What are the signs and symptoms of Grief and Loss?
- Feelings of shock after the initial loss. For example, you may feel completely numb, or in a fog or dream-like state. You may find it hard to believe what has happened and struggle to accept your loss.
- Overwhelming sadness and yearning. You may be left feeling empty, lonely and unable to feel joy in the things you used to. You may find yourself frequently crying.
- You may feel angry at yourself or others. For example, you may feel angry that you didn’t see the signs that your relationship was coming to an end. Or, you may be angry with the doctors who could not save your loved one from dying. It is also common to feel angry at the person who is sick or has died.
- Feelings of guilt. For example, some people feel guilty for feeling relieved when a loved one has died after battling a long-term terminal illness. Commonly, people tend to feel regret for what they did or did not do in their relationship. For example, you may wish you spent more time with your loved one while they were alive, or you may regret arguments or distance that grew between you.
- Fear and worry. It is normal to feel scared and worried about many things after losing someone or something important to you. For example, you may fear starting over again by yourself after a separation. Some people also worry about having to see people and “explain” what has happened. After losing a loved one to death, you may fear your future and doubt you will ever feel happy again.
- Your physical health may be affected. You may feel like your whole body aches from the pain you are experiencing. It is common for people to get headaches and feel nauseous. It is also common to experience anxiety symptoms such as tightness in your chest and shortness of breath (especially in the early stages of grief). You may feel exhausted all of the time. Changes in appetite can lead to weight gain or loss.
- Sleep difficulties. For example, you may struggle to fall asleep, because memories are replaying over and over in your mind. You may wake early and struggle to get back to sleep. Or, you may be sleeping too much and find it difficult to get out of bed.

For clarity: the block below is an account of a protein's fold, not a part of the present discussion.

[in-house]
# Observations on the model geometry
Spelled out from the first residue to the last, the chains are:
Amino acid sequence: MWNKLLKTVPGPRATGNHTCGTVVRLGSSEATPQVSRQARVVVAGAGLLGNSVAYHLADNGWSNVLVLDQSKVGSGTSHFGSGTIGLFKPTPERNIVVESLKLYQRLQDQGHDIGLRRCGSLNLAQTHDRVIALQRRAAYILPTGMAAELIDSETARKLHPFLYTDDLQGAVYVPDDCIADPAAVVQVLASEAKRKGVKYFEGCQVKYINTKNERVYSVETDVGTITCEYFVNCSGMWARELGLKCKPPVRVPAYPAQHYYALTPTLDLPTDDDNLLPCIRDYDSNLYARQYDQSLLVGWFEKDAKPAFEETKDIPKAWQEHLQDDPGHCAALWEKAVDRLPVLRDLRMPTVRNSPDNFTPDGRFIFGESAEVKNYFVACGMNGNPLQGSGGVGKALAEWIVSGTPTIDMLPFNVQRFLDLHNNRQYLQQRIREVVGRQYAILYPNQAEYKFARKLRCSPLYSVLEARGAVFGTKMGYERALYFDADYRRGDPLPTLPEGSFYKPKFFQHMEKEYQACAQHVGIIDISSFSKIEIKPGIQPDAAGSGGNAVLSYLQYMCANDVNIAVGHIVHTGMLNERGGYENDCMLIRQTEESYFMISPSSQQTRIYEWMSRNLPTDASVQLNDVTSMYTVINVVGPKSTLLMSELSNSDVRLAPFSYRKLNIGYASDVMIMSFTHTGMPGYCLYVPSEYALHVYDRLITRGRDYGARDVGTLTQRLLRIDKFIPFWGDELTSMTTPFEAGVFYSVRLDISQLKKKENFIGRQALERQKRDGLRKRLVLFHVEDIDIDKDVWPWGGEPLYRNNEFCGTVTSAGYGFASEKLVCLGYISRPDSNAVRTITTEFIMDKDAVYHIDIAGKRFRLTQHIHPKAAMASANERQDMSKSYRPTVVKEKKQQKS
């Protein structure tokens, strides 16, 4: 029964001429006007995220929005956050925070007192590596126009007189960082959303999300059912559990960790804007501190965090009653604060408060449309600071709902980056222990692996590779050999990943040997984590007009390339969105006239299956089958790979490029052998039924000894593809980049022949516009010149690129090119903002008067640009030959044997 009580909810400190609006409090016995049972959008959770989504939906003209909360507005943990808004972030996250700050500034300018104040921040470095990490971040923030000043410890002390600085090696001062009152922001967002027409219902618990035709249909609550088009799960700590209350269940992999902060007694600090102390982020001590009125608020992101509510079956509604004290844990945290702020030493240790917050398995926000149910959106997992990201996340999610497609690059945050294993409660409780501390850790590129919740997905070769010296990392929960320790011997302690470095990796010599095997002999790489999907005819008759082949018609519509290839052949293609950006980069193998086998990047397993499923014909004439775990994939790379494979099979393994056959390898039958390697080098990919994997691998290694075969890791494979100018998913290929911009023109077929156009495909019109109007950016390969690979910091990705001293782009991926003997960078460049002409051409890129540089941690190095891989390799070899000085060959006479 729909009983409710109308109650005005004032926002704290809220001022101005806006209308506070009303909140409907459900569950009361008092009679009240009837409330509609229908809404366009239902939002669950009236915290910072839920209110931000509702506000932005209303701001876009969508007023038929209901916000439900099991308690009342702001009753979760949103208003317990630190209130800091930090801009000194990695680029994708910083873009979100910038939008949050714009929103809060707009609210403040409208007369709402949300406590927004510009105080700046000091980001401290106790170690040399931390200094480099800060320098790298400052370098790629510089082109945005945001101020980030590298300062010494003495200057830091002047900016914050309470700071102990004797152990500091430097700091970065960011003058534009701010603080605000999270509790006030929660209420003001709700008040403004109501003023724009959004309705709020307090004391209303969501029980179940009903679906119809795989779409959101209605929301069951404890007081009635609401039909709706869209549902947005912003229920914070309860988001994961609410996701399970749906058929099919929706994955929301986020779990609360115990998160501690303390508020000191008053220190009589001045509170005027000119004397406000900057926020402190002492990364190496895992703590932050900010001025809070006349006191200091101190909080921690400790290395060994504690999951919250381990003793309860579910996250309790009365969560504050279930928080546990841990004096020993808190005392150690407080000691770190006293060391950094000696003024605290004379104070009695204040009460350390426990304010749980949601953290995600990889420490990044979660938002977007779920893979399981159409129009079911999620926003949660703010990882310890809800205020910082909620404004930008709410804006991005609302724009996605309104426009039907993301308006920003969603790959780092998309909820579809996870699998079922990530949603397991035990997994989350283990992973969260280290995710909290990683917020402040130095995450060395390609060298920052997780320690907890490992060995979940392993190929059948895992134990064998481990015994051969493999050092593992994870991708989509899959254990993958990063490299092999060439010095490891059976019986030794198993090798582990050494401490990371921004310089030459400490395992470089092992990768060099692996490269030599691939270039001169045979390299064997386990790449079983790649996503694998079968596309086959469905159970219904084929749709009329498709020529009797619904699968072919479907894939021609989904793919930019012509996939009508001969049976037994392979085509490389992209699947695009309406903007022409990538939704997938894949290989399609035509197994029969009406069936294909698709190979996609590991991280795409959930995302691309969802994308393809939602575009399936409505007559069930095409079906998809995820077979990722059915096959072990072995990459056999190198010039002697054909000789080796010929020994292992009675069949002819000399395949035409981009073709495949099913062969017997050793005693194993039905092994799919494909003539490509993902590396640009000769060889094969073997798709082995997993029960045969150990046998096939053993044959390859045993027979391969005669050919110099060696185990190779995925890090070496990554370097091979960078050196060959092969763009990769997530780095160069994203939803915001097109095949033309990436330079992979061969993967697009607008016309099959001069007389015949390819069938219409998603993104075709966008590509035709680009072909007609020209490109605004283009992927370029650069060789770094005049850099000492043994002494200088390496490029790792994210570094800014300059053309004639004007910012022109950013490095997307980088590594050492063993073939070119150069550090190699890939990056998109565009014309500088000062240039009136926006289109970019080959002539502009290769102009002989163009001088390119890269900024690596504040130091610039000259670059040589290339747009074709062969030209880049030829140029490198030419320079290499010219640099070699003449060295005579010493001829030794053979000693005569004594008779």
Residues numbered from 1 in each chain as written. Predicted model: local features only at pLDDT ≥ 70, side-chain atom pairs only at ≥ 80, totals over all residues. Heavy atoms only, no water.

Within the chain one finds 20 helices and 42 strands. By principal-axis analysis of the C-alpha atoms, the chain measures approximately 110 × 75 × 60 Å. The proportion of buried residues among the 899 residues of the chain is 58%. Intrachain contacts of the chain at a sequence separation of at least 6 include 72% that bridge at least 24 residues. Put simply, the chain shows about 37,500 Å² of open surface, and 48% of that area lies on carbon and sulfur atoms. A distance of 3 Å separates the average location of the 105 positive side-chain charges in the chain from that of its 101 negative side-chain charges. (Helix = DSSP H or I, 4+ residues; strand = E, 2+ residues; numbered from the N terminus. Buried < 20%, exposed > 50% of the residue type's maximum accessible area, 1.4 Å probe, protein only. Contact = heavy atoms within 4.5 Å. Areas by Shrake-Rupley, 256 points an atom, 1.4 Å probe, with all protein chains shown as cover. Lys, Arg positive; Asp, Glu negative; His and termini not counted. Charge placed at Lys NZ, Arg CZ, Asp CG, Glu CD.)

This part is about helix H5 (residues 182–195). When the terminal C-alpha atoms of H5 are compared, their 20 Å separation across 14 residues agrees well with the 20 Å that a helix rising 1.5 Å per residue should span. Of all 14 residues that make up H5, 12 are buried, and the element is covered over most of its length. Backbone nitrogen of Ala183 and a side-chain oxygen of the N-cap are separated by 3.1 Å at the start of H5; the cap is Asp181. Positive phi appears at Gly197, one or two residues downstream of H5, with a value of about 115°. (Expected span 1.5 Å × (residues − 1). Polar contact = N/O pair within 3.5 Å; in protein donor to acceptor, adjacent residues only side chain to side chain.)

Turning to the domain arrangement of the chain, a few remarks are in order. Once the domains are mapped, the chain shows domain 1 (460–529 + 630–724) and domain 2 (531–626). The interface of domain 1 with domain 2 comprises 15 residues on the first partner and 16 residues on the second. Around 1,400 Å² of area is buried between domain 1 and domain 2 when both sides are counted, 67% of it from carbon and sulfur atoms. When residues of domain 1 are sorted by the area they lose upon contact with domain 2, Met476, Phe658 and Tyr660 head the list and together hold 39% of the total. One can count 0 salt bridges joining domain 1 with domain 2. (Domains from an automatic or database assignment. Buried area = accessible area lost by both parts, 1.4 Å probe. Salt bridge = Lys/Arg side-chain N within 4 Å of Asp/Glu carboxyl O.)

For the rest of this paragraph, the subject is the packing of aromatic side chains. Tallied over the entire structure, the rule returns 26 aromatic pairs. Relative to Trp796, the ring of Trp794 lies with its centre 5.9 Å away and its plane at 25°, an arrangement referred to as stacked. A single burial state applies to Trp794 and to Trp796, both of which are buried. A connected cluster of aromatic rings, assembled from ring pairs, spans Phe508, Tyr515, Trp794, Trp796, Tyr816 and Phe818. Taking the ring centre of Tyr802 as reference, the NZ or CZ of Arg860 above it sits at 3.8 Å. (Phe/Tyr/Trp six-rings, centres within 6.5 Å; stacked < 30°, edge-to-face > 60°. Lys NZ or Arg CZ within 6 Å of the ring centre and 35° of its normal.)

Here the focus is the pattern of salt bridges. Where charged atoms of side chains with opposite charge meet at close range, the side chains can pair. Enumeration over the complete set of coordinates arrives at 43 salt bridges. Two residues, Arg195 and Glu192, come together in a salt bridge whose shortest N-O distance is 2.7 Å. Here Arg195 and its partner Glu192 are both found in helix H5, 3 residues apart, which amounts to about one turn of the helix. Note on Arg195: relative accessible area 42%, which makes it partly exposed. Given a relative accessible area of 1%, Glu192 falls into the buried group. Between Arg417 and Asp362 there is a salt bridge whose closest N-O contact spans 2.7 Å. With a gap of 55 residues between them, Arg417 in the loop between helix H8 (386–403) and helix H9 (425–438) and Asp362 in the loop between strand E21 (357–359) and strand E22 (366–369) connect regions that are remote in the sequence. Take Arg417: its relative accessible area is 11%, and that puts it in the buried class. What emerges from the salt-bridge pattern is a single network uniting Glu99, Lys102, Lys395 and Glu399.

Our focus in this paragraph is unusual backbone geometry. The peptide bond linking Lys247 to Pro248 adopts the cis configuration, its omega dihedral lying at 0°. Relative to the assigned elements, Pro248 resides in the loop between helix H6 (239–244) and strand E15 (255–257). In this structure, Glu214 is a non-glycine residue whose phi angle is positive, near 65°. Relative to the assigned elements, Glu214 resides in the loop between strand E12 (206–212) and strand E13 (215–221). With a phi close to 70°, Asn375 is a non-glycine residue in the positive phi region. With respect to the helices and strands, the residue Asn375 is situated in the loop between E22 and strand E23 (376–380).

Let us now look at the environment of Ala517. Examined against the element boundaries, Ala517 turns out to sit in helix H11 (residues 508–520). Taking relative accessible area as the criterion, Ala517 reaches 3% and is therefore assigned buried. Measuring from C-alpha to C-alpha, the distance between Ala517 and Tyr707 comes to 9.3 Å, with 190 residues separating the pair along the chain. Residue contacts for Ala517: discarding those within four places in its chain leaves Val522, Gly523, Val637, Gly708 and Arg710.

How does Grief and Loss affect me?
- You may feel like you are stuck in a bad dream; that your loss is not really happening. The overwhelming emotions you experience may leave you feeling like you are on a roller coaster that is unpredictable and never-ending.
- You may barely recognise yourself. For example, you may feel like the person you were, died alongside your loved one. The person you are now, may not look, feel or act the same as before. It might feel like you will never be yourself again.
- Your spiritual beliefs may change. You may find yourself questioning your spirituality. For example, you may feel anger towards your God for taking away your loved one.
- Your relationships. You may feel anxious about crying in front of friends. Commonly, you may feel angry that it seems like everyone else is going on with their lives as if nothing has happened. You may also feel angry that you were burdened with such loss unlike your friends around you – you may ask the question “why me?”. The intense feelings you are experiencing may make you feel alone, like no one understands or cares. This can cause you to withdraw and isolate yourself from those around you.
- You may engage in risky behaviours. For example, you may not care about your own life or consequences after a significant loss. You may find yourself driving recklessly, or abusing drugs. You may find yourself drinking excessively to numb the pain.
How can I treat my Grief and Loss?
There are several well-researched treatments that are effective in treating Grief and Loss, including: Self-Care, Social Support, Cognitive-behavioural Therapy (CBT), Focused Family Grief Therapy, and Complicated Grief Treatment.
How can Peaceful Mind Psychology help?
We are experienced and trained in treating psychological difficulties like Grief and Loss. If you are experiencing Grief and Loss and would like some professional assistance contact us at Peaceful Mind Psychology.